The Victory House

Howard E

Crowing
5 Years
Feb 18, 2016
2,881
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Missouri
Was watching a program on what the US citizens did leading up to and through WW II, and with everything in short supply, how urban folks were pressed into planting gardens, etc. for food. They were the Victory gardens (and Victory just about everything else). An extension of that was the need and desire for urban back lot chickens. But they needed a house to raise them. Enter the Victory House.......

https://www.ag.ndsu.edu/aben-plans/nd727-15-1.pdf

While certainly plain Jane in appearance, it has all the essentials for raising about a dozen birds....more than enough to keep a family in eggs. Even if not this, use it as a guide for what a chicken house should be. Doll it up if you want cute, but do take a look. Simple to build and functional.

From this, either let them out into the fenced in yard or build an attached run of the same or larger size. Just replace the sides with wire. Same roof line with a pop door connecting the house and run.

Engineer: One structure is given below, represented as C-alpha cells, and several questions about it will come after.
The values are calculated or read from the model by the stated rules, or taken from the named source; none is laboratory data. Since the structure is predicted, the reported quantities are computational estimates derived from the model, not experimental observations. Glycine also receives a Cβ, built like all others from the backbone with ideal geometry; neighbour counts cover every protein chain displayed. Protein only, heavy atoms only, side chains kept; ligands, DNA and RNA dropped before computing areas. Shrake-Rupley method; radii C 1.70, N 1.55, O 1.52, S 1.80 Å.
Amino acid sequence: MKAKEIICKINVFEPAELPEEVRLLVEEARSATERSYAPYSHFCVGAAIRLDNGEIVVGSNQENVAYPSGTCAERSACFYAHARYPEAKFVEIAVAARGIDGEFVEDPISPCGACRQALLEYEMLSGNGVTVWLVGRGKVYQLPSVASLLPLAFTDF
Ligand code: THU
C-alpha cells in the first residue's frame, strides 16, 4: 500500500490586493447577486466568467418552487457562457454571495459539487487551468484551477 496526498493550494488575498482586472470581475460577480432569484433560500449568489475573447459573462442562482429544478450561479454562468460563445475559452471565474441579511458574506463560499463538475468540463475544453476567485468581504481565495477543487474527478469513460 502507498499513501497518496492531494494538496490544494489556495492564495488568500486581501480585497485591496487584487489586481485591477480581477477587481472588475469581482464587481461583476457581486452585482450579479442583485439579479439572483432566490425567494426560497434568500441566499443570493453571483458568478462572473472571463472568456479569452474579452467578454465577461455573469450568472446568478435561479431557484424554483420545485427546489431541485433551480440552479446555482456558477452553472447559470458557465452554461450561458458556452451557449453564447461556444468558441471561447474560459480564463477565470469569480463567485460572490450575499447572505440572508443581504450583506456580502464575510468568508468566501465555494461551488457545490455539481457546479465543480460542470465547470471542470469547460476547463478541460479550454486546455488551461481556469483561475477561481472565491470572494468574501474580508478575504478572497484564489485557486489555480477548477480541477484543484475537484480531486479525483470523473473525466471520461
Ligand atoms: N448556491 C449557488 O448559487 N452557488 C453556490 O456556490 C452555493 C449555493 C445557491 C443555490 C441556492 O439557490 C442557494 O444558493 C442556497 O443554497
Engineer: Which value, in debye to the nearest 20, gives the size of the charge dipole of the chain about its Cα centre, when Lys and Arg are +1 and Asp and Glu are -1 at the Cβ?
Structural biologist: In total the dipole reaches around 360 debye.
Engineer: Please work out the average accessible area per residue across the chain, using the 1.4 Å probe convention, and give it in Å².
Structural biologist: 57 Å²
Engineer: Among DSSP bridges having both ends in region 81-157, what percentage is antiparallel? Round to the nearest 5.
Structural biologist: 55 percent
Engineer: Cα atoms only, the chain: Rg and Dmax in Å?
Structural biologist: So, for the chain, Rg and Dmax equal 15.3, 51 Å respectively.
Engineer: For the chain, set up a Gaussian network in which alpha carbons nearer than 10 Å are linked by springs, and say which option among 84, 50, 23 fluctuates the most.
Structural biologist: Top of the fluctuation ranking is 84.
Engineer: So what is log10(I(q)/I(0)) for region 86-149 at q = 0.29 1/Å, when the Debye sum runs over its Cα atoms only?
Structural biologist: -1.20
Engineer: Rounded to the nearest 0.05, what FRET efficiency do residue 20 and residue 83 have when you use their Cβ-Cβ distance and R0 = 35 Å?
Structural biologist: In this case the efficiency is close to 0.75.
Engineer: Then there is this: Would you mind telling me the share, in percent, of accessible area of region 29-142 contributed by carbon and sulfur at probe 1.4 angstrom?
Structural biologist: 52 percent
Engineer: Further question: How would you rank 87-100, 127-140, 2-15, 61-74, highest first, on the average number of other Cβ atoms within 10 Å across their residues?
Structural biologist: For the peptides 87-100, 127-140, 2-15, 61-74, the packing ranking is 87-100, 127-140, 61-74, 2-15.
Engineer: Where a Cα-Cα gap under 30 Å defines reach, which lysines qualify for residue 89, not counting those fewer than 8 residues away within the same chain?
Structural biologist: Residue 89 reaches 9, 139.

To improve on this, move the door from the center off to the right (east) side, and put in a 3rd window. Perhaps the windows could be made 2X this size and include plenty of ventilation. In climate zones 6 and warmer, you could replace the front door with nothing but wire to really open it up.

Or go for the Woods 6' x 10'.

But in any case, if at all possible, if you need a chicken house for a small flock......forget the dinky, poorly built death traps. Go for the Victory!
 

squadleader

Songster
Dec 23, 2017
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Richmond, VA
Great job Howard!

You're the only guy I know who could find us a complete set of architectural drawings for our chicken coops, and at government expense no less! Finally something of use for our tax dollars! :)